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I share everything

Posted on Feb 28, 2011 in News | 0 comments
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…but music
A campaign by IRIS Distribution, a record label representative, is targetting children with the slogan “I share everything but my music.” (???)

Read a nice comment by Carl Wilson below

i-share-everything-shirt1

Music Industry Vs. Sharing, Children,

Candy

December 14th, 2010

i-share-everything-shirt1

It’s been ages since I was moved to make a non-B2TW post here, but I couldn’t help snapping at a publicity email I just received about a remarkably ill-conceived new campaign against music piracy aimed at children.

IRIS Distribution (whose clients have included Chemikal Underground, Electrolux, EMI, Mint Records and Ninja Tune) is putting the above design on t-shirts for kids and even onesies for babies (because of the growing problem of baby-to-baby file sharing, of course). They’re also bundling it with a kids’ album by Kimya Dawson on K Records, and I’m surprised and disappointed either of them went along with it.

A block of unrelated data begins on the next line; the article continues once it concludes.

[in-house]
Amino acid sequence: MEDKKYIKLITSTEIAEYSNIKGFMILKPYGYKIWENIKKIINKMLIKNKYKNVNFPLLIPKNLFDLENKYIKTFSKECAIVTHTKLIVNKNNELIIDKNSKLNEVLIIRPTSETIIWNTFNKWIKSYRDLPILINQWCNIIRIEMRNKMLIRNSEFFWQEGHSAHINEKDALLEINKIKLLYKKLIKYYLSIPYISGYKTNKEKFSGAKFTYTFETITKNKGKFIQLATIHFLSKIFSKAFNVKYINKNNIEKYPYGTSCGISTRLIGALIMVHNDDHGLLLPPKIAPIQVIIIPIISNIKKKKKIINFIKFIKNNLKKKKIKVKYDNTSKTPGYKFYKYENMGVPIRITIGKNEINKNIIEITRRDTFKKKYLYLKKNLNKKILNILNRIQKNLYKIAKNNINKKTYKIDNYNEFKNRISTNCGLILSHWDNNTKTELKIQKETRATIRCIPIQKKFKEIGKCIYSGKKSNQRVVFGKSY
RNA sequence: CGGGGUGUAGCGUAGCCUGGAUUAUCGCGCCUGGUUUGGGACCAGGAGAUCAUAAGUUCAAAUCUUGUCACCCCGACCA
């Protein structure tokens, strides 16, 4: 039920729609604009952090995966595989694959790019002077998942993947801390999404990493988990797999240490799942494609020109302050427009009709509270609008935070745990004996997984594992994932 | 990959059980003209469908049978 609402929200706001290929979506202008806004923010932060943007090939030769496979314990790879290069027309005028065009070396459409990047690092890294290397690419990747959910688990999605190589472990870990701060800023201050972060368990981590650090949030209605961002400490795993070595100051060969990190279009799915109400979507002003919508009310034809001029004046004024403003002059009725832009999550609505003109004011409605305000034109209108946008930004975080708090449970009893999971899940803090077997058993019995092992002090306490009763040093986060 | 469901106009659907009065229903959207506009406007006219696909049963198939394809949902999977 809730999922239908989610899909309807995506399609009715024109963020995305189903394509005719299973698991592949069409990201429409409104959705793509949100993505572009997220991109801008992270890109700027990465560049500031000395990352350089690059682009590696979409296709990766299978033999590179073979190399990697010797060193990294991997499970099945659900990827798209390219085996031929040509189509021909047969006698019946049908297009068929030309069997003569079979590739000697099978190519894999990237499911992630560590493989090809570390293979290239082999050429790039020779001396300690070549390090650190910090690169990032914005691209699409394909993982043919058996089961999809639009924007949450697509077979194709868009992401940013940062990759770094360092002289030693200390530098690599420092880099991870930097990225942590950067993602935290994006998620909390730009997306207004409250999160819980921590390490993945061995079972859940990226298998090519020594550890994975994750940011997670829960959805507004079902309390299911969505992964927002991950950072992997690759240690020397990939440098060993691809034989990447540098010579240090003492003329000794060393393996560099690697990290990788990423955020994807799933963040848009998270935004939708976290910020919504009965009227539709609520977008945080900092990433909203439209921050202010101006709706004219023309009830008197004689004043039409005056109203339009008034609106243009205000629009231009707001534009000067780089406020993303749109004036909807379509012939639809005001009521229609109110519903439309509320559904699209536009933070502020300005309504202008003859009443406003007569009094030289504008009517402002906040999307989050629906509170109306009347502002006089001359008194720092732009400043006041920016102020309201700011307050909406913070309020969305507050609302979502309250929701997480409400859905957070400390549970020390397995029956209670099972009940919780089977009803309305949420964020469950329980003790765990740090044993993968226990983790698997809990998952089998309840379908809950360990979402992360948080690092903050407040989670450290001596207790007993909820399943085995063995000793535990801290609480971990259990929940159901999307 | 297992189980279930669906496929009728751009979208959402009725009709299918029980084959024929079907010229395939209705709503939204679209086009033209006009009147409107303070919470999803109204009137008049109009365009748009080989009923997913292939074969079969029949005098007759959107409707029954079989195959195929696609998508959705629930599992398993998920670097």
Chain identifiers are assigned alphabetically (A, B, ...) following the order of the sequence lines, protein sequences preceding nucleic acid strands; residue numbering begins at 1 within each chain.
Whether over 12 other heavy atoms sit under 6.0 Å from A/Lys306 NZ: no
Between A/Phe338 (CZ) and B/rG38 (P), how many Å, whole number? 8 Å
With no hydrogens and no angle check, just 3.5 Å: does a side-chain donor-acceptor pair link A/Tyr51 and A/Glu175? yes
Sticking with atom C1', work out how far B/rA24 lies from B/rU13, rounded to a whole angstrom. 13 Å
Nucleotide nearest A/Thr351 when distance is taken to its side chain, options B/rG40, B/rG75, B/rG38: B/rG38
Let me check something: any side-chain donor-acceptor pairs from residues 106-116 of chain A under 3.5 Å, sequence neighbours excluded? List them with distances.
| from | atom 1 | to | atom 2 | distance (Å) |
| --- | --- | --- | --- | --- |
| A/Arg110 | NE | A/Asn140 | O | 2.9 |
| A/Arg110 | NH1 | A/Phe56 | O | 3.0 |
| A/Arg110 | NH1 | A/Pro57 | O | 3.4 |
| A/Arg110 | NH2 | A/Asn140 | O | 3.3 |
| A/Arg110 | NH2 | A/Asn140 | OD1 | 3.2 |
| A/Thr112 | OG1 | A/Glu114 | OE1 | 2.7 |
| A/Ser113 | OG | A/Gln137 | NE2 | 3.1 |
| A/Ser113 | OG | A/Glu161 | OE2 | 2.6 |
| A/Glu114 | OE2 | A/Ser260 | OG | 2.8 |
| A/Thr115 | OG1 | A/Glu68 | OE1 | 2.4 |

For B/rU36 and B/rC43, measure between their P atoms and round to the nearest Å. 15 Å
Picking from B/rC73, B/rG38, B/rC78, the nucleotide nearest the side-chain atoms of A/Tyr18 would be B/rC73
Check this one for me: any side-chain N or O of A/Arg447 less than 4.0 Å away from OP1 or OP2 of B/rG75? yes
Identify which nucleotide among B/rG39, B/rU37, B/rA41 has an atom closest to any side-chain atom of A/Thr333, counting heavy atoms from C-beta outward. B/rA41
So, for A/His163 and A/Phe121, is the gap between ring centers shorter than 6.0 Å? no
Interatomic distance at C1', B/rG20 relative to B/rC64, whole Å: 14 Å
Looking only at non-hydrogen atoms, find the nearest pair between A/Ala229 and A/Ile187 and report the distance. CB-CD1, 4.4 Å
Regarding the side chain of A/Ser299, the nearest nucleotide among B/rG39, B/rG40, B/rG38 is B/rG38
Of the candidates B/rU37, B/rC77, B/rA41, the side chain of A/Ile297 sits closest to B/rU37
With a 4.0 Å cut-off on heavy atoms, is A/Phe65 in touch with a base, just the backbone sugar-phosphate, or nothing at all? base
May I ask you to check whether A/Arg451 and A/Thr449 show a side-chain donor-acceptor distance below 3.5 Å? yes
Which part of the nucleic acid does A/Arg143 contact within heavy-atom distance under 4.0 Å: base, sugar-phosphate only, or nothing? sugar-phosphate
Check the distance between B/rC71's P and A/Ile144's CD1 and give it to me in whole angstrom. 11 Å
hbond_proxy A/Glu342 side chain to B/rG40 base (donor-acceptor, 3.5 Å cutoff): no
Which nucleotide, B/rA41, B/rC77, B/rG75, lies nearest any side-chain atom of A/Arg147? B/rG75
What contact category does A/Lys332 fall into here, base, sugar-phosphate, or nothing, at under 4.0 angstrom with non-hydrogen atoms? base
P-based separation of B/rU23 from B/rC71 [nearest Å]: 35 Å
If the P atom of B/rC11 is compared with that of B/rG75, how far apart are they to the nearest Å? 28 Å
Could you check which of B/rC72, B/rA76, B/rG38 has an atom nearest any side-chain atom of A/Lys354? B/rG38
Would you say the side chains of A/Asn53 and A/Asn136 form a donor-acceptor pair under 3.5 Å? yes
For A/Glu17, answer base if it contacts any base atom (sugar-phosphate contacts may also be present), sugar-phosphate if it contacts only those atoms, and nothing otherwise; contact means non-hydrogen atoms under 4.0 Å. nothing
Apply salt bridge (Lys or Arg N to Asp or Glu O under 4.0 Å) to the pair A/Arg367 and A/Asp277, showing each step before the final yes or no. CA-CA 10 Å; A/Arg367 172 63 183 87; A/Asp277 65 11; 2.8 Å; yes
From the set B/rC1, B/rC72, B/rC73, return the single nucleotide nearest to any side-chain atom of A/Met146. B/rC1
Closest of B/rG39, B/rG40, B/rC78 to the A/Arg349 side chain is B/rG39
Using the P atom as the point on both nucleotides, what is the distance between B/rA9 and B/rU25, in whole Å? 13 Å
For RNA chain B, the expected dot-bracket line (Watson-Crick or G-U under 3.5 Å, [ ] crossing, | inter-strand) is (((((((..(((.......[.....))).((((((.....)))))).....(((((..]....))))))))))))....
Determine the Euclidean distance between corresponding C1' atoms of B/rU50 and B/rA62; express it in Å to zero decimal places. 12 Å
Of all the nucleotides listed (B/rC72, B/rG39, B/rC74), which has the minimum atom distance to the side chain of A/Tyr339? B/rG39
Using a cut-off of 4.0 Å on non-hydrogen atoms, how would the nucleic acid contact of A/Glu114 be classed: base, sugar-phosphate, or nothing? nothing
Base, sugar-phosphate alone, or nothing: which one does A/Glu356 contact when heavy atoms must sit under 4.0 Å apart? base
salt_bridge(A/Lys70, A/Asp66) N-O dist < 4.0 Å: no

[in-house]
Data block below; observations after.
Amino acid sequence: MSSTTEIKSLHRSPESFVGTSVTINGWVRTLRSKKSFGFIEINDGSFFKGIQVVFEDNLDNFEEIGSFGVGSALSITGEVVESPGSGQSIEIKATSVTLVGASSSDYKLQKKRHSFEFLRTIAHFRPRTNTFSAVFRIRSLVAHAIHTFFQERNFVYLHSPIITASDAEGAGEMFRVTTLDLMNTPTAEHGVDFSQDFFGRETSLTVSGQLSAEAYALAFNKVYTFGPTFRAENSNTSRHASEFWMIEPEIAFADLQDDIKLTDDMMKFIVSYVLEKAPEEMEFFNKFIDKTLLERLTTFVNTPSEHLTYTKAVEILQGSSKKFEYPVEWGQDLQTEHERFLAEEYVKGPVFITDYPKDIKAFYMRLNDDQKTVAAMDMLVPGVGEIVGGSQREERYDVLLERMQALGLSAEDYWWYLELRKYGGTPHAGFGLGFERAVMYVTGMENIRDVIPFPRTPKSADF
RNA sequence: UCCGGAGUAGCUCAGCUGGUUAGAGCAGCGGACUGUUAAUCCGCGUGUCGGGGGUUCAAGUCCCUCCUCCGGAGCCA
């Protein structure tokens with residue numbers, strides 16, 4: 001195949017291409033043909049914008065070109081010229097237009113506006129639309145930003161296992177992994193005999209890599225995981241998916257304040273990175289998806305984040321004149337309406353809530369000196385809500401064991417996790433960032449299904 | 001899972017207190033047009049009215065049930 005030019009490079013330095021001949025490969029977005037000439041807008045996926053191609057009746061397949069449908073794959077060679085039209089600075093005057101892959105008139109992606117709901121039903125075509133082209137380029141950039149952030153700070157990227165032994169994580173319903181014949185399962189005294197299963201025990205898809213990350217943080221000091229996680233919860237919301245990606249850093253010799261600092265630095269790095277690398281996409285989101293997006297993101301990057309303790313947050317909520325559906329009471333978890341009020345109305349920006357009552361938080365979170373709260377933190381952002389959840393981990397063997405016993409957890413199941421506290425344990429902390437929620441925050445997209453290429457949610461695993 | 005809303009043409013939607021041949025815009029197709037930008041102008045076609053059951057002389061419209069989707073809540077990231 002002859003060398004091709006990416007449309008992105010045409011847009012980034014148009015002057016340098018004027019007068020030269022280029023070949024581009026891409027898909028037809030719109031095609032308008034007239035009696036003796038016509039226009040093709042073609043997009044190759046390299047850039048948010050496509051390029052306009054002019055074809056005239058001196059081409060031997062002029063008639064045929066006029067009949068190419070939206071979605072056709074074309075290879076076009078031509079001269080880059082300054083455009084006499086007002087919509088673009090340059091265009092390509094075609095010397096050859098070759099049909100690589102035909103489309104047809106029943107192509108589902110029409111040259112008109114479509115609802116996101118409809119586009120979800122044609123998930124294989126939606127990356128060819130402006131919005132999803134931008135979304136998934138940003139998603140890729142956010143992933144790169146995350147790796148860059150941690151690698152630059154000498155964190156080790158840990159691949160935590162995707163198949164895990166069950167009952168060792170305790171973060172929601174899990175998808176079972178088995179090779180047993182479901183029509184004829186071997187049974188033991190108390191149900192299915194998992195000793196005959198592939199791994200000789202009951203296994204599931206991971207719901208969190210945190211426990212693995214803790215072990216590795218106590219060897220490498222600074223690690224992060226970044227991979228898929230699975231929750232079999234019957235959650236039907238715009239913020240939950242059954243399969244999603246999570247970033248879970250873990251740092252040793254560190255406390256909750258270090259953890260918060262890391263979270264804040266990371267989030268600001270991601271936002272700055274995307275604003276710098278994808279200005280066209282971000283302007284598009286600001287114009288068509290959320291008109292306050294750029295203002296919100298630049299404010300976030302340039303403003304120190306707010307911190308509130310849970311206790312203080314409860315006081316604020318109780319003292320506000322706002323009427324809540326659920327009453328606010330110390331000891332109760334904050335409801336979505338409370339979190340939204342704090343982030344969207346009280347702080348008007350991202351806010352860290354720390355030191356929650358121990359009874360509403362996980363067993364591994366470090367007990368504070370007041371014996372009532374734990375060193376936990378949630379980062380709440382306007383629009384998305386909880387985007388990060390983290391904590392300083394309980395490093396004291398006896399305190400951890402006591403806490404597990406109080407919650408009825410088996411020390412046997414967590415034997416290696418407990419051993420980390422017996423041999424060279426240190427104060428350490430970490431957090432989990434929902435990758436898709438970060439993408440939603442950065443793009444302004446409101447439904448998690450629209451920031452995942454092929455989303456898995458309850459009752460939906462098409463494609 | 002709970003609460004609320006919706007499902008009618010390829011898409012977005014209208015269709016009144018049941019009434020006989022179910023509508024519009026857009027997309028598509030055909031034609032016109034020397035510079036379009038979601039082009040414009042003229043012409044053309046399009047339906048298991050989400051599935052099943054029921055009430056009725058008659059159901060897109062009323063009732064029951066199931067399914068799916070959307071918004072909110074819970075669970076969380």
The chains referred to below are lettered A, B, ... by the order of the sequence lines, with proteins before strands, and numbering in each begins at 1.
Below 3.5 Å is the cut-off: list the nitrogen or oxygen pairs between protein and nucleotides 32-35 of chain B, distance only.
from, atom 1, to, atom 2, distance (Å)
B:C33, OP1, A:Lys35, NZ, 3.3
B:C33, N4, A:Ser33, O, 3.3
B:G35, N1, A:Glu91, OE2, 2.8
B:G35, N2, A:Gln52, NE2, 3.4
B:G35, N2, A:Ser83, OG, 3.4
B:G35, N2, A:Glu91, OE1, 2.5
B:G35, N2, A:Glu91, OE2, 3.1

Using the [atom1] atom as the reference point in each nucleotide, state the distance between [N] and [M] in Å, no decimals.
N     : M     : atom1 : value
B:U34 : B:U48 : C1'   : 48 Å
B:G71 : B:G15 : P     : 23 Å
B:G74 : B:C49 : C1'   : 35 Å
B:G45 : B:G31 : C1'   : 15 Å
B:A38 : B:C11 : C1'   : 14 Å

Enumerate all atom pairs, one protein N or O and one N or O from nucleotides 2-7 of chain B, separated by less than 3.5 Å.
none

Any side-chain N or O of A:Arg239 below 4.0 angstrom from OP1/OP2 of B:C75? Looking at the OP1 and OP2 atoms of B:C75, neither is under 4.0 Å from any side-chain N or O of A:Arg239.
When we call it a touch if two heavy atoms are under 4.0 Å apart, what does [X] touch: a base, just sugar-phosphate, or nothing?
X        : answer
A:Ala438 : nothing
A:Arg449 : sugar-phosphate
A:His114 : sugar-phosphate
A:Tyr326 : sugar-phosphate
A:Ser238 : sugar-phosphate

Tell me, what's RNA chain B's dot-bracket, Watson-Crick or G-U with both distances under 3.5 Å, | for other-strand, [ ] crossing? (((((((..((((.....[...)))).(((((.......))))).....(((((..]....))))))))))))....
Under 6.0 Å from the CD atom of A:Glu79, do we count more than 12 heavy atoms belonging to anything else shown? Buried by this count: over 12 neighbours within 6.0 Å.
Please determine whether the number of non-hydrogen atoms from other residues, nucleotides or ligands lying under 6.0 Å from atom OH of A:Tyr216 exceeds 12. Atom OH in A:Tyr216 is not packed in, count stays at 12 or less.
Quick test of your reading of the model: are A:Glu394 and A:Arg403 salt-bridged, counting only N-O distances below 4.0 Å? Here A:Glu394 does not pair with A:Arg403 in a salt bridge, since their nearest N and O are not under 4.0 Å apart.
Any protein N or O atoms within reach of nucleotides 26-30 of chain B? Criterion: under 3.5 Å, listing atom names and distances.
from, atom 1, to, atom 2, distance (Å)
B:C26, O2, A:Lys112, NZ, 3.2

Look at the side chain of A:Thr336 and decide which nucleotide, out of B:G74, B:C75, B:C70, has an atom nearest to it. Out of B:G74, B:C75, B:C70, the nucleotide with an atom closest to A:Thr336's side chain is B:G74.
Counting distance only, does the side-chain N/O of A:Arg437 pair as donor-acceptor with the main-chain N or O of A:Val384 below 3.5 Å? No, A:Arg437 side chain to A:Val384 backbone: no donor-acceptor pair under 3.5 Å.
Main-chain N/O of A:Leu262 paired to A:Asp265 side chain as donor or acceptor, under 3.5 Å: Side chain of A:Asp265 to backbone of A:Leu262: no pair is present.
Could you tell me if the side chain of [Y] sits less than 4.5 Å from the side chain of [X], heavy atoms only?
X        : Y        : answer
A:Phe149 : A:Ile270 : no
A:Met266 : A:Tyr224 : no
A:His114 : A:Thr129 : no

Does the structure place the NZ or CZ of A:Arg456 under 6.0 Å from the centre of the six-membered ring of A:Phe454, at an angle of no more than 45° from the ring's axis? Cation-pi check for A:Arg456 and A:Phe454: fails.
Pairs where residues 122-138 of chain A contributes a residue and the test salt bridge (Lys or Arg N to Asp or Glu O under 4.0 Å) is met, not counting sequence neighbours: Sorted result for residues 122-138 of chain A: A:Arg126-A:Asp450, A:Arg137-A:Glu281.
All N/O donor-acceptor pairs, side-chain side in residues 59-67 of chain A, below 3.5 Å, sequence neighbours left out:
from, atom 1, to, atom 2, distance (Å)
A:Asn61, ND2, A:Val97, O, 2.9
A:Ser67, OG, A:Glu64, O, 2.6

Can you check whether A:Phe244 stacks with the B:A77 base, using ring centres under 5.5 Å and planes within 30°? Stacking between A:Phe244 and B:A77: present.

As you can see, here we have some complete jerk of a rabbit ignoring a raccoon who’s trying to offer it an orange because it’s selfishly wrapped up in the sound on its headphones, which of course is Dick Rabbit’s personally exclusive property and must not be allowed to leak into the raccoon’s perky little loser ears. Because that’s how culture flourishes, by making sure that its circulation in the world is as controlled and hidden as possible, right?

It’s a beautifully concise picture of capitalism trying to undermine kids’ inherent sense of right and wrong, cuddily stamping out their instinct for sharing and fairness in favour of greed and selfishness. (Coming soon, the Tea Party sequel, “I Share Everything But My Taxes.”) Sure, teach kids that artists need to be compensated for their work and that not every good thing comes for free. I’d endorse that, but those ideas are nowhere here. (And I’m not even getting into the crypto-racist coding of the good pink rabbit versus the bad blue-and-brown raccoon, which was obviously not intended, but still…)

Luckily the marriage of image and slogan here are so inept that it practically serves as an advertisement for the opposite attitude. It’s crying out – as loudly and whinily as a baby in an uncomfortably obnoxious onesie – for reappropriation and detournement. Have at it, ye olde kultura jammaz.

 

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